In Part 4 of a 5 part series, Darwin co-founder Dr. Jim Rae discusses the critical steps required for managing organizational change successfully.
Assess, Develop, Align…Prepare!
In the first three parts of our series, we used Darwin’s Change Management Platform© to:
- Assess our hypothetical organization’s change-readiness,
- Develop an accurate, responsive Stakeholder Engagement Plan, and
- Align middle managers to support our change initiative.
Now, we prepare our front line stakeholders for imminent change…
Project Wrap Up
As our hypothetical project enters its final few steps – UAT, deploying to the production environment, readying the Help Desk – you have been actively engaging stakeholders through communications. At this stage much of the project’s technical work is over, resources are being reduced and momentum slows. For you, however, this stage requires you to be diligent and ready to deliver some of your most important work!
Change managers are often given the task of coordinating training for employees about to use new technologies and processes, for example, learning a new financial system, human resource module or a learning management system. Vendors supply excellent training, however, the training is sometimes too generic and does not include the situations and cultural practices your employees encounter daily. To make the training more relevant to employees, the Darwin Change Management Platform© provides you with a Training Coordination template. Completing this template will help you review the training materials thoroughly to ensure the appropriate learning objectives are covered, the roles are clear and the training timetable works for the business.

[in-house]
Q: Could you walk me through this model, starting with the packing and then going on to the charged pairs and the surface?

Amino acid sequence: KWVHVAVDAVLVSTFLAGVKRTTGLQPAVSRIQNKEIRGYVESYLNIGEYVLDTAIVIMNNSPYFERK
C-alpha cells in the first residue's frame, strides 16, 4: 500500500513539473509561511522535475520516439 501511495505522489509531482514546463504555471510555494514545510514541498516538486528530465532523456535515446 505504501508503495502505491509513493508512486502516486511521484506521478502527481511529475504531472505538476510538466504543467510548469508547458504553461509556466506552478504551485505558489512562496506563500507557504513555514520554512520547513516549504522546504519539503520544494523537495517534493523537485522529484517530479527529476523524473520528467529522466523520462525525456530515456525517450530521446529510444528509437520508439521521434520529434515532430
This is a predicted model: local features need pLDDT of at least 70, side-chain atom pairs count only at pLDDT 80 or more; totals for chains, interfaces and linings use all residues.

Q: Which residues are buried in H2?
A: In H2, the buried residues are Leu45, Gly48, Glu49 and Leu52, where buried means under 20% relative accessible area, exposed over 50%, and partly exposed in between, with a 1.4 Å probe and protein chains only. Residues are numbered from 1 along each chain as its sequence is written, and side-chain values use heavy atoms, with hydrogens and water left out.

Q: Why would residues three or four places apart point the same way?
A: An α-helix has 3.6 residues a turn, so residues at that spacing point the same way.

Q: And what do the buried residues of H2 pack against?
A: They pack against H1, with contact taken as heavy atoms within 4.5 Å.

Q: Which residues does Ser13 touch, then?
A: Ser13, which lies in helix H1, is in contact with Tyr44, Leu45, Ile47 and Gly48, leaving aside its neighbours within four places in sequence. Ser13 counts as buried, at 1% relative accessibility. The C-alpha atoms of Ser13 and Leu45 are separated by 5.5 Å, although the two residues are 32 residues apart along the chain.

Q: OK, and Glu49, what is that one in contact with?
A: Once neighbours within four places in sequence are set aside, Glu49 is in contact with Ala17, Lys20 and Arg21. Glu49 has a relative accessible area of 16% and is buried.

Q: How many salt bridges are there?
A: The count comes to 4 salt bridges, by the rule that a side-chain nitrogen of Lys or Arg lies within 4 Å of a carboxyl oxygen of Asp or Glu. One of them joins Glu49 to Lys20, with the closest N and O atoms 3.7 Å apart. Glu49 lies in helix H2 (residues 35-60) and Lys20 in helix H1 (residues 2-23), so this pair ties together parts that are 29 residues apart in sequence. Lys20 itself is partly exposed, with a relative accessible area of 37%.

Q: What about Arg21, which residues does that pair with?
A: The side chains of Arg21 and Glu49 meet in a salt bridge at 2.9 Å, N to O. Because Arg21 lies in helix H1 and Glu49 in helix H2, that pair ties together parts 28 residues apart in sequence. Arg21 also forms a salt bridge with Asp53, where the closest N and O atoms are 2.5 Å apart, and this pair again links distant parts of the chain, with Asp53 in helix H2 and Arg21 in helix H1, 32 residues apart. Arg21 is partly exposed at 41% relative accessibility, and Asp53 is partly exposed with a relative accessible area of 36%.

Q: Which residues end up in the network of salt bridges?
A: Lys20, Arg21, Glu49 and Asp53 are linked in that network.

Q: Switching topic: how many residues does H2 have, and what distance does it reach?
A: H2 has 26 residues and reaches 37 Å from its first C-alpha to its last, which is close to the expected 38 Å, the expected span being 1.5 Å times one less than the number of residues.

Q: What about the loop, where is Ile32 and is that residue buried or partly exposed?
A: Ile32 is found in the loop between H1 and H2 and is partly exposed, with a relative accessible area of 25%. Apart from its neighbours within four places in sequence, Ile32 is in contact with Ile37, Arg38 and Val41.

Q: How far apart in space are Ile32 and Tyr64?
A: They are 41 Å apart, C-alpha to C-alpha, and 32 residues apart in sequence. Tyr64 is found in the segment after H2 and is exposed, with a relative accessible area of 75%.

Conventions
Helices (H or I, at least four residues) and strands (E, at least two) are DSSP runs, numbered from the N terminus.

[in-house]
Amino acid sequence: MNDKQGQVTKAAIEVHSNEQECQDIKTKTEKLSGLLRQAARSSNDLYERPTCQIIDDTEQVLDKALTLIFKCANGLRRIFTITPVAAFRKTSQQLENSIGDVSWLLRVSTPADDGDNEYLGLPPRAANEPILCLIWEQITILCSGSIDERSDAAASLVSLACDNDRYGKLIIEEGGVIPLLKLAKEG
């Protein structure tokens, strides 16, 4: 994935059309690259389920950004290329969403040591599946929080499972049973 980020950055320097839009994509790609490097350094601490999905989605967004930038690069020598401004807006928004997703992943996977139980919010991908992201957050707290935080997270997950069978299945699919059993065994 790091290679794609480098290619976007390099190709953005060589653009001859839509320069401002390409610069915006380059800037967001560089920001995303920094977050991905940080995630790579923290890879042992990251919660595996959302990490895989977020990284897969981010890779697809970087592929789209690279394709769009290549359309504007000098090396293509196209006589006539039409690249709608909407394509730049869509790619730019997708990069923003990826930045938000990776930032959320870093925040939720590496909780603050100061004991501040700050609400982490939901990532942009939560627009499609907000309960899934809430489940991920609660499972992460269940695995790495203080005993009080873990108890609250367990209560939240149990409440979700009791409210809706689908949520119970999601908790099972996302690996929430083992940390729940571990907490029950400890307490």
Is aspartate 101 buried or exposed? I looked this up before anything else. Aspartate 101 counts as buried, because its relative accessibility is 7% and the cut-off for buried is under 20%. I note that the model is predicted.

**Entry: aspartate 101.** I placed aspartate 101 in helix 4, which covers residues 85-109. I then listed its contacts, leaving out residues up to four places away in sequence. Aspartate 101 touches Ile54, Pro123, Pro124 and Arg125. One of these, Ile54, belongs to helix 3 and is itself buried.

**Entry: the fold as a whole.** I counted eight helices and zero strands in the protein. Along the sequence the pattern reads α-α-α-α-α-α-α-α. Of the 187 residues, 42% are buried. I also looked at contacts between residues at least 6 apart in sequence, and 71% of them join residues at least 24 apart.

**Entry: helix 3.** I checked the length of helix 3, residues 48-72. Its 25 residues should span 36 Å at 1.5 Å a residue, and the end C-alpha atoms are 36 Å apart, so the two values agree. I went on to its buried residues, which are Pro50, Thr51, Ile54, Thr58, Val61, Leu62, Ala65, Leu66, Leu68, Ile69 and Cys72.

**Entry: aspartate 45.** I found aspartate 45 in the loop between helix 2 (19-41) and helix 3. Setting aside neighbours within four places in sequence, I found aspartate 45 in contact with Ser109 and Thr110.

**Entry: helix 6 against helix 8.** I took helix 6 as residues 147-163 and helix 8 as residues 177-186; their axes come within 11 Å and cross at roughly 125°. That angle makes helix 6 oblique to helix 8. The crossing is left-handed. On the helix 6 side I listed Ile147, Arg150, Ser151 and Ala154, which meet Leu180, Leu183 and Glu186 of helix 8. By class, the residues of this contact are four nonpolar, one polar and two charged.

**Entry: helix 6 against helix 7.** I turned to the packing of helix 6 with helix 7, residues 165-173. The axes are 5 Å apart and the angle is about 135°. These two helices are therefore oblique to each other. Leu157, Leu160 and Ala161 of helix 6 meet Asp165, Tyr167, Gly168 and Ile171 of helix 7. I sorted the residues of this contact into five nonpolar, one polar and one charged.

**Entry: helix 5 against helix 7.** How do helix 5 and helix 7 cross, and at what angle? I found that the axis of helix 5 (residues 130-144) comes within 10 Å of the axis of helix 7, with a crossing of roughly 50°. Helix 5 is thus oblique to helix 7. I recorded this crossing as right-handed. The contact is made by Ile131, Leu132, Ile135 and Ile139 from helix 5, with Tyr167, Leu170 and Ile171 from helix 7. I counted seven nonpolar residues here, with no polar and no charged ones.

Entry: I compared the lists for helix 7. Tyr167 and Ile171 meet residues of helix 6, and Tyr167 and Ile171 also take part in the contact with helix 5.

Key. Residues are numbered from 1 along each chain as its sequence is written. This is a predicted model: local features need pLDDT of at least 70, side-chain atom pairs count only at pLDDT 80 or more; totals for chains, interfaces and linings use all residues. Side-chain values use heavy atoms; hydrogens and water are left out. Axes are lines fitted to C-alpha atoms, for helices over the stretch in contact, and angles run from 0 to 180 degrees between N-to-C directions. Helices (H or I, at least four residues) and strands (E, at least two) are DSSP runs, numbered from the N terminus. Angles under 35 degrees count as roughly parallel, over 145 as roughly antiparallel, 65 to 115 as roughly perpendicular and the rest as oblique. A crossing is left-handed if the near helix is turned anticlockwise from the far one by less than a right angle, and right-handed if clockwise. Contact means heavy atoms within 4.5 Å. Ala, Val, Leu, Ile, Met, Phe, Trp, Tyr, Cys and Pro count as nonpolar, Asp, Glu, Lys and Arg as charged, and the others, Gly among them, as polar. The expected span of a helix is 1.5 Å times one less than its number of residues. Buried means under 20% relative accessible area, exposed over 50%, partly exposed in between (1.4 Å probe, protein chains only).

Go-Live Event and other Rites of Passage
The Darwin Platform also prompts change managers to coordinate a Go-Live event. This event is not meant simply to mark the day a new system is activated. Instead, the event should act as a rite of passage. Think of a new recruit entering the army. First he gets a hair cut, symbolically leaving behind his life as a citizen. Next, he attends boot camp to learn the new skills, behaviours and values of an entirely new culture. When he graduates from boot camp, he receives orders to begin a new job. The graduation ceremony marks the transition from his old identity and way of life to his new direction and career.
Your Go-Live event should follow a similar structure. Create a “graduation” ceremony or a similar event to mark the shift from old behaviours to establishing a new identity. Have the project sponsor thank employees for their hard work in learning new business processes, new ways of communicating and new skills. Finally, have structures in place to recognize and reward the new behaviours, from positive feedback from supervisors to themed coffee mugs and desktop reminders. Make a big splash. Have your project sponsor model the behaviours he or she expects from others. Ensure the messages are delivered sincerely and celebrate the early adopters.
For thousands of years, humans have held rites of passage to mark dramatic change. Benefit from evolution with the Darwin Change Management Platform©.
In Part 5 – Thrive, we measure our change management success.